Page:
Which are the most spoken languages in South Africa?
According to businestech.co.za, nationally, just over one quarter (25,3%) of individuals speak isiZulu at home, while 14.8% of individuals speak isiXhosa, and 12.2% speak Afrikaans.
English is spoken by 8.1% of individuals at home, making it the sixth most common home language in South Africa.
English is, however, the second most commonly spoken language outside the household (16.6%) after isiZulu (25.1%), and preceding. IsiXhosa (12.8%).
What is the Largest Language in South Africa?
The most prominent language in South Africa is IsiZulu, spoken by nearly 23% of the population. Other official languages include isiXhosa (16%), Afrikaans (13.5%), English (10%), Sesotho sa Leboa (9%), Setswana and Sesotho (both 8%), Xitsonga (4.5%), siSwati and Tshivenda (both 2.5%), and isiNdebele (2%).
What is the Youngest Language in South Africa?
The youngest language in South Africa is Afrikaans, officially recognized at just 100 years old. It emerged from Dutch, French, and German influences during the 17th and 18th centuries and is spoken by 7 million South Africans.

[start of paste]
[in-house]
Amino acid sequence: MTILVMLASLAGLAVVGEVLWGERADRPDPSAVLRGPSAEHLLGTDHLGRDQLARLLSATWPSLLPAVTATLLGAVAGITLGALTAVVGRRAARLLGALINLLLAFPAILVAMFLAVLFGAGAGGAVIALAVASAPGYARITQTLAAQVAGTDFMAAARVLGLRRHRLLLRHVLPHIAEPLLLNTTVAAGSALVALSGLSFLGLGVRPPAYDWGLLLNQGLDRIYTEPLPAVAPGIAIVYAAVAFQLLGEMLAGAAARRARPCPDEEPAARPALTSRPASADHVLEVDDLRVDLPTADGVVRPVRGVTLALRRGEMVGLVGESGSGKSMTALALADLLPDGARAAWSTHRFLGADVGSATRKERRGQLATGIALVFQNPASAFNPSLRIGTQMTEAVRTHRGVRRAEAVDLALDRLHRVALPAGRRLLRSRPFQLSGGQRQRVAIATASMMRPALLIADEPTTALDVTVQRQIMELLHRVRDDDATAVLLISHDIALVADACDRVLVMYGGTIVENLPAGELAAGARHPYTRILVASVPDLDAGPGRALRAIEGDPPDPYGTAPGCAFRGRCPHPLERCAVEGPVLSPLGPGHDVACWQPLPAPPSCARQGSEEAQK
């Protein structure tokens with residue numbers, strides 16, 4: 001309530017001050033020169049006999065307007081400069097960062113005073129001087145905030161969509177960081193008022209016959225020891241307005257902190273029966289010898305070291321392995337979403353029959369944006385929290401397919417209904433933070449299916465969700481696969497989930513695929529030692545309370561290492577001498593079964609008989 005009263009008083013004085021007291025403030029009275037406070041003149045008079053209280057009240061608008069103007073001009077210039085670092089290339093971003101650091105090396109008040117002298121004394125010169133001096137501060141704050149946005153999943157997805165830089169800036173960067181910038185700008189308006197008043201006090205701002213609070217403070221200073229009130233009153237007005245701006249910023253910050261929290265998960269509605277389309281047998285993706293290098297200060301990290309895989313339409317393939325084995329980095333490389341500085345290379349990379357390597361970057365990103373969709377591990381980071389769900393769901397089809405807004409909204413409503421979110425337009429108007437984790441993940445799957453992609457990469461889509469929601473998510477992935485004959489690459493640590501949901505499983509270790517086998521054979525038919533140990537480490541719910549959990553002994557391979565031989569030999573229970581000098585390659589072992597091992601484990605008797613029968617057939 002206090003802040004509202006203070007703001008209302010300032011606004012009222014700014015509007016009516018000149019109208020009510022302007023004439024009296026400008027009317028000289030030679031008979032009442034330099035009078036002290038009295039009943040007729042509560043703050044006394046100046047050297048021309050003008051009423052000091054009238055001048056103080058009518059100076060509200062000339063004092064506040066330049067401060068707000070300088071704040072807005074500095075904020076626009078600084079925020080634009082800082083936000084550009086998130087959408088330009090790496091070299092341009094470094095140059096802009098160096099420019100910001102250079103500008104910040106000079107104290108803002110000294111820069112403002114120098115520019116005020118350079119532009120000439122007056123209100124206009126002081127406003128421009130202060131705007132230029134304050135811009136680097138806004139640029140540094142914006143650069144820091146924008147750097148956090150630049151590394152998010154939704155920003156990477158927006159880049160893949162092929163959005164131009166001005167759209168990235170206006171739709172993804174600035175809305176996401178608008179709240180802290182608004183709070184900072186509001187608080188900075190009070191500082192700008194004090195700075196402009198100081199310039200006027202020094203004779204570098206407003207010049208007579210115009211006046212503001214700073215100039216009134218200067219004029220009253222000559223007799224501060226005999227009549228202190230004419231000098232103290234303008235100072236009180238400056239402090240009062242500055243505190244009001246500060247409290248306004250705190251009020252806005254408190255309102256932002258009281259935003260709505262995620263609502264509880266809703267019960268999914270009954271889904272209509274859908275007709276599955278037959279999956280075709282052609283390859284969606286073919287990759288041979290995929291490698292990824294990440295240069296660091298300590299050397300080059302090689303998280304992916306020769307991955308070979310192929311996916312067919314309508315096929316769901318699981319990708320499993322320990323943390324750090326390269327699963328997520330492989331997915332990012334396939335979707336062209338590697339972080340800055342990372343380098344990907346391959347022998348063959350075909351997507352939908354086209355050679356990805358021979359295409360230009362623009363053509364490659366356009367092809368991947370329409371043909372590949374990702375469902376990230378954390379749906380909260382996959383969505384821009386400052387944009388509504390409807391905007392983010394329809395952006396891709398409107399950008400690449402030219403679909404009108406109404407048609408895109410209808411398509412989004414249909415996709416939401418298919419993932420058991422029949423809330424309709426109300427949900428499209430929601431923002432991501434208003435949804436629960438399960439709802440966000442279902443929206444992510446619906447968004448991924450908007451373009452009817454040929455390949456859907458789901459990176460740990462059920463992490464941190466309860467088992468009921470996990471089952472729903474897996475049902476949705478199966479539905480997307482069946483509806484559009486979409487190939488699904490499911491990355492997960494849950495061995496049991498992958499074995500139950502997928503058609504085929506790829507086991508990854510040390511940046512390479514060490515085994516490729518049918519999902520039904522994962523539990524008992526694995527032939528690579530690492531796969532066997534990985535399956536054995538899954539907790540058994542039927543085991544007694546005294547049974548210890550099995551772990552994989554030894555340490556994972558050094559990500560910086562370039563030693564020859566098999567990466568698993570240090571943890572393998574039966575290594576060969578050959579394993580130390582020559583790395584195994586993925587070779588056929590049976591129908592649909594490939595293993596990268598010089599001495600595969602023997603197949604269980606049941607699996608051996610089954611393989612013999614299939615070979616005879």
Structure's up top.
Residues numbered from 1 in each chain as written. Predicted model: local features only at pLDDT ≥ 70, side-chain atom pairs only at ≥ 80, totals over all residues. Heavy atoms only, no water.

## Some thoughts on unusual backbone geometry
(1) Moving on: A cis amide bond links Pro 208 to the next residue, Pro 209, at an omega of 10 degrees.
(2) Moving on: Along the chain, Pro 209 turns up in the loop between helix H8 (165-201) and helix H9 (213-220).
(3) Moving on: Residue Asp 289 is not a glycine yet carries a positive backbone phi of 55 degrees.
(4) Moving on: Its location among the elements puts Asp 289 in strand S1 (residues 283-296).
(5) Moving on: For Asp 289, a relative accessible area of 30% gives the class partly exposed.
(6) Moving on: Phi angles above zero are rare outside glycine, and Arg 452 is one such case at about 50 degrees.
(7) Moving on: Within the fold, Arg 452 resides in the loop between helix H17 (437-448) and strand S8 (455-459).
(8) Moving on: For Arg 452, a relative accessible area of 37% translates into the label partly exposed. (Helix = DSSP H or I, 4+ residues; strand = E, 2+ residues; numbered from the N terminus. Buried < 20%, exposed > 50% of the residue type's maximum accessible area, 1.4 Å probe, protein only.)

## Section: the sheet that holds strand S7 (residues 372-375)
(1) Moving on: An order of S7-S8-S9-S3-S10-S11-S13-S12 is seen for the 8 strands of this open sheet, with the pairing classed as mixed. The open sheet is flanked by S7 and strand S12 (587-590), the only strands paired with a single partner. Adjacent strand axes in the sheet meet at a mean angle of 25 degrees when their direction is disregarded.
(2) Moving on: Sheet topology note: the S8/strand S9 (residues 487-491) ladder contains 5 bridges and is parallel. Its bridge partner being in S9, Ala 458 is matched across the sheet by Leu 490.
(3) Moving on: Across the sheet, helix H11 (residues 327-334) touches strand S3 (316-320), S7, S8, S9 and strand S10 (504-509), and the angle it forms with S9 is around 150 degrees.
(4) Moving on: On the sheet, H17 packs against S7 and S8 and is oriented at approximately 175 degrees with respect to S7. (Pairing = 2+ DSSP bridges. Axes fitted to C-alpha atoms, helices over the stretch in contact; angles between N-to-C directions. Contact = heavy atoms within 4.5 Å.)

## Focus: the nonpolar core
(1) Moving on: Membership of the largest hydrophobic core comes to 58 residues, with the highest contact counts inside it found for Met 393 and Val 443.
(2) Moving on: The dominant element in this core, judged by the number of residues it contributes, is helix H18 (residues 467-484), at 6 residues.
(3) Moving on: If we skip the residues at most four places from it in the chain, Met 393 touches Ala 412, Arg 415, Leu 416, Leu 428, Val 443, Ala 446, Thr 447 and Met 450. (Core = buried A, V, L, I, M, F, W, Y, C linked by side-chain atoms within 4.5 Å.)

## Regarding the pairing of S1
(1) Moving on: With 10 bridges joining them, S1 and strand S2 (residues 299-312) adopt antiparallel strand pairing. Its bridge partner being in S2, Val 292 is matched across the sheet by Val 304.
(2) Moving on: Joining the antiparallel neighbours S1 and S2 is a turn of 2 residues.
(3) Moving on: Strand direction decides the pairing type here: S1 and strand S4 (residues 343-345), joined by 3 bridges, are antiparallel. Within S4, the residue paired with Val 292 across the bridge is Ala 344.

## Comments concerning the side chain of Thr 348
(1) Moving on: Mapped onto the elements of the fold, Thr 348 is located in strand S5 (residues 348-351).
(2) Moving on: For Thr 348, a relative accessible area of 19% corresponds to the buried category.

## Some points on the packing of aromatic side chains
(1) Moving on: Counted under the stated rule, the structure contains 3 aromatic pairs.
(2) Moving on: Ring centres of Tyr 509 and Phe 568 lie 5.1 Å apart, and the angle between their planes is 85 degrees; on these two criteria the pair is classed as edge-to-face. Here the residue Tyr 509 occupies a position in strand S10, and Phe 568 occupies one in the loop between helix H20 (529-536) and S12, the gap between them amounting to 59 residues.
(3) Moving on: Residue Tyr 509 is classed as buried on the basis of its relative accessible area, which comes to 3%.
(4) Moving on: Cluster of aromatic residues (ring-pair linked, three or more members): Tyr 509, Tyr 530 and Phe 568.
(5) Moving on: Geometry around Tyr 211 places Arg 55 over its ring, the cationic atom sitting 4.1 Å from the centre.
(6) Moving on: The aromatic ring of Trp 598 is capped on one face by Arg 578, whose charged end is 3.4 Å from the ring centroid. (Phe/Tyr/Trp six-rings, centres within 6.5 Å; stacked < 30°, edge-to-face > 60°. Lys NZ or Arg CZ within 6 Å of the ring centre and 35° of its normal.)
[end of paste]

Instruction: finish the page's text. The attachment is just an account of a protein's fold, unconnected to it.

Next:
Is South Africa the Only Country with 11 Official Languages?
Most countries have one or two official languages, and some, like the United States and Mexico, have none. South Africa stands out with 11 official languages. There’s even a proposal to add South African Sign Language as the 12th official language.
What is the Common Greeting in South Africa?
The standard greeting in South Africa is “Howzit,” used universally regardless of race. Initially meaning “how are you,” it has evolved into a casual way of saying “hello.”
How Many Official Languages are in South Africa?
South Africa boasts eleven official languages, including English, Afrikaans, and nine ethnic languages. While many South Africans are multilingual, English is the most widely spoken and the language of official business and commerce.
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11 Official Languages in South Africa (Summary)
Recognizing 11 official languages in South Africa is a testament to the country’s rich cultural diversity and commitment to inclusivity.:
- Northern Sotho
- South African English
This linguistic diversity reflects the nation’s complex history and serves as a foundation for fostering unity and understanding among its diverse population.
It symbolizes South Africa’s dedication to embracing and preserving its cultural heritage while striving for a more inclusive and harmonious future.